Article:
Open access to the scientific literature means the removal of barriers (including price barriers) from accessing scholarly work. There are two parallel roads towards open access: Open Access articles and self-archiving. Open Access articles are immediately, freely available on their Web site, a model mostly funded by charges paid by the author (usually through a research grant). The alternative for a researcher is self-archiving (i.e., to publish in a traditional journal, where only subscribers have immediate access, but to make the article available on their personal and/or institutional Web sites (including so-called repositories or archives)), which is a practice allowed by many scholarly journals.
Open Access raises practical and policy questions for scholars, publishers, funders, and policymakers alike, including what the return on investment is when paying an article processing fee to publish in an Open Access articles, or whether investments into institutional repositories should be made and whether self-archiving should be made mandatory, as contemplated by some funders.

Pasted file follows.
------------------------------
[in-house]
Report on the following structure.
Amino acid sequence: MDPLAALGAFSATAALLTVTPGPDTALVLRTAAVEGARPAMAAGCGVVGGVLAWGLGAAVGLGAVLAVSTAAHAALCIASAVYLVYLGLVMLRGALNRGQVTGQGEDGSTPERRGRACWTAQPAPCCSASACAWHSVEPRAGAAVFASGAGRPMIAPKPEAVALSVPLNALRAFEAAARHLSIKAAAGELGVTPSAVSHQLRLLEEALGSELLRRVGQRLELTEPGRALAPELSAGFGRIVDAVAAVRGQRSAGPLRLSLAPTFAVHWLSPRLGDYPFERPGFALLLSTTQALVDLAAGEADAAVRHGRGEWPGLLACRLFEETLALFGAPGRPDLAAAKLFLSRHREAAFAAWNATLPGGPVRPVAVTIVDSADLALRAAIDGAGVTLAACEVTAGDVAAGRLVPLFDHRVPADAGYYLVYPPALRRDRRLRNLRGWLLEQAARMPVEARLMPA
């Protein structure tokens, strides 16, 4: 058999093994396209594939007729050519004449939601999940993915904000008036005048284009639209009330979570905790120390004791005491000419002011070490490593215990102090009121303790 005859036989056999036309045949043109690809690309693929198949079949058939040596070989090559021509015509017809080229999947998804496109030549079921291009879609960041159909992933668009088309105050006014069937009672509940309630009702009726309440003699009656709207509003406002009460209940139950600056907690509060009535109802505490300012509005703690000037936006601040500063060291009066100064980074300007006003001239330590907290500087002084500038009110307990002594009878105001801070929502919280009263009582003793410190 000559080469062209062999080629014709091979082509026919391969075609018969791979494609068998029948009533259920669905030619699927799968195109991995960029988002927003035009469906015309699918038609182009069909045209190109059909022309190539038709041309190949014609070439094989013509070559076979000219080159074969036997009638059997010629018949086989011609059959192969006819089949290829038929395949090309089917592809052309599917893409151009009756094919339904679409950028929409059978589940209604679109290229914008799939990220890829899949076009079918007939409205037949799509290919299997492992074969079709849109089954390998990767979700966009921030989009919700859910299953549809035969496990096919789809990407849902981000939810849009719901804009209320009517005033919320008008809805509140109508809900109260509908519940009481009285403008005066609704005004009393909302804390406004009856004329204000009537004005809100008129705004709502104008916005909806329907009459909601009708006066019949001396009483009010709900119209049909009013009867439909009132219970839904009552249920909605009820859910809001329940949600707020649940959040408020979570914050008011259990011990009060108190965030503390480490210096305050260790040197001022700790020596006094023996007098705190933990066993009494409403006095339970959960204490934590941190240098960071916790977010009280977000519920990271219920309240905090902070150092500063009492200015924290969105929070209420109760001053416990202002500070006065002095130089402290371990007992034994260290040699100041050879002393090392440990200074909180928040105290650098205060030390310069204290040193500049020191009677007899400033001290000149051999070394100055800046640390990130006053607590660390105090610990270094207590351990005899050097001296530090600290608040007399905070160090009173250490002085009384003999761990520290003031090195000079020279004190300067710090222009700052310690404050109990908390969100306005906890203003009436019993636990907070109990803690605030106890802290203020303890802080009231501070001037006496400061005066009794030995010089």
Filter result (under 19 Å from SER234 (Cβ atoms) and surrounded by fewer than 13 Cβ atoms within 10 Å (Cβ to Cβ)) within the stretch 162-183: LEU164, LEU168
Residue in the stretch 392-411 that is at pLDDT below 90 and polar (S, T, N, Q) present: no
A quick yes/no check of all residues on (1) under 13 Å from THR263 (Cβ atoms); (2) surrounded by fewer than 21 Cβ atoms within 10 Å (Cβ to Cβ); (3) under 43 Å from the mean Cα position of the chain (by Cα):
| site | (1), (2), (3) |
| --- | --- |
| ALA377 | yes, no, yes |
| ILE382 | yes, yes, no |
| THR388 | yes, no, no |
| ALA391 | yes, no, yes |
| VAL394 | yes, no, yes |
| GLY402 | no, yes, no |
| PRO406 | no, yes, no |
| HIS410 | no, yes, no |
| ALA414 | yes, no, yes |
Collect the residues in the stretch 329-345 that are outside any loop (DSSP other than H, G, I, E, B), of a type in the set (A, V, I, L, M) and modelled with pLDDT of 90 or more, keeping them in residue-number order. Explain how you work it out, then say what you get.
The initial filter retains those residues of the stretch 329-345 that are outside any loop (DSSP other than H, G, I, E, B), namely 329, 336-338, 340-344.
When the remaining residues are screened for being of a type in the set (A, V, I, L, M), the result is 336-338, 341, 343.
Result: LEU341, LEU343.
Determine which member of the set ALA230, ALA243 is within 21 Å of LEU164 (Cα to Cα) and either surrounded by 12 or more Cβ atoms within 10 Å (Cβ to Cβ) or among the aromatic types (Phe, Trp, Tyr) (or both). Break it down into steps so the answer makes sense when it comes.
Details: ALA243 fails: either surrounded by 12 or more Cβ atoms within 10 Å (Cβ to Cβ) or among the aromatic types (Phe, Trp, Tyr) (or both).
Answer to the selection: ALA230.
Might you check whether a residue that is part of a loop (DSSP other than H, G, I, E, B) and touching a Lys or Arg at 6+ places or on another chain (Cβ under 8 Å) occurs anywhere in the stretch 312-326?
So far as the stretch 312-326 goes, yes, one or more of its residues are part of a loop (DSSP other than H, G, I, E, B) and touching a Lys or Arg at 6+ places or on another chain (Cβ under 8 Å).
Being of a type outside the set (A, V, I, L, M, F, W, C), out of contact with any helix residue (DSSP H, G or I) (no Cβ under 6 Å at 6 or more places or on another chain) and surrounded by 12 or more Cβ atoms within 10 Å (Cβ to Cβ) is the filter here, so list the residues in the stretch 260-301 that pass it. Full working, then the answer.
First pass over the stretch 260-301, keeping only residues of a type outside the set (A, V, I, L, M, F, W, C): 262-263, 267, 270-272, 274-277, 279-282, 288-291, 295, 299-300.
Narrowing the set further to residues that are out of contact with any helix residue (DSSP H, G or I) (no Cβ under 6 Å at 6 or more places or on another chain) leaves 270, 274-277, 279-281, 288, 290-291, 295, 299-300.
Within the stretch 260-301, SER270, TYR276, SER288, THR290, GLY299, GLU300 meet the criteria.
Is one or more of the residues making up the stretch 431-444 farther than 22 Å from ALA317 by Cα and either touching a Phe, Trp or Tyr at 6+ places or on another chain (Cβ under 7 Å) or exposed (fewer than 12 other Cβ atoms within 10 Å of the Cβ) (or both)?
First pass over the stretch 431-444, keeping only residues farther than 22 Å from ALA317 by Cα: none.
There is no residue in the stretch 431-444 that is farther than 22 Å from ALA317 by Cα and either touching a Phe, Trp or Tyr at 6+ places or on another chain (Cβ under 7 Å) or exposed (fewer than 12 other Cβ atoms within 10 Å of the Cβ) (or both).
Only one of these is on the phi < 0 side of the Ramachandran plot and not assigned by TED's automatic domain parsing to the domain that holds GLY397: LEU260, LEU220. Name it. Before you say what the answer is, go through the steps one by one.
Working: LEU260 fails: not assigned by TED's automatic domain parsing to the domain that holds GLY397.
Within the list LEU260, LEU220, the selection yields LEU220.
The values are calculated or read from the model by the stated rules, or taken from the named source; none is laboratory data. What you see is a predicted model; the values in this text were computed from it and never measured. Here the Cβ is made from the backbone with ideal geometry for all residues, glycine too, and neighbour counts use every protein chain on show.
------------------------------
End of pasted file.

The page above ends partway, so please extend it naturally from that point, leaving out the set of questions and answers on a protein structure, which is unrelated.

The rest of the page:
When the body is unable to create enough insulin followed by the fluctuation of blood glucose level in the normal range, it leads to Diabetes. This is further classified as Type 1 Diabetes that occurs mostly at the teenage, however can be seen from infants to elders also. Type 1 Diabetes has been found for the most common population of the country that is not curable after its occurrence, but can be prevented through the proper choice of diet, exercise and daily routine with regular medication. There are few symptoms of Type 1 Diabetes like tiredness, abnormal weight loss, more urine formation, increased thirst etc. This case is generally detected by the blood sugar test, where further medications are prescribed to maintain the insulin measure of the body. Among the body organs, pancreas plays an important role in diabetes as it is responsible for the production of insulin.
Last date updated on September, 2014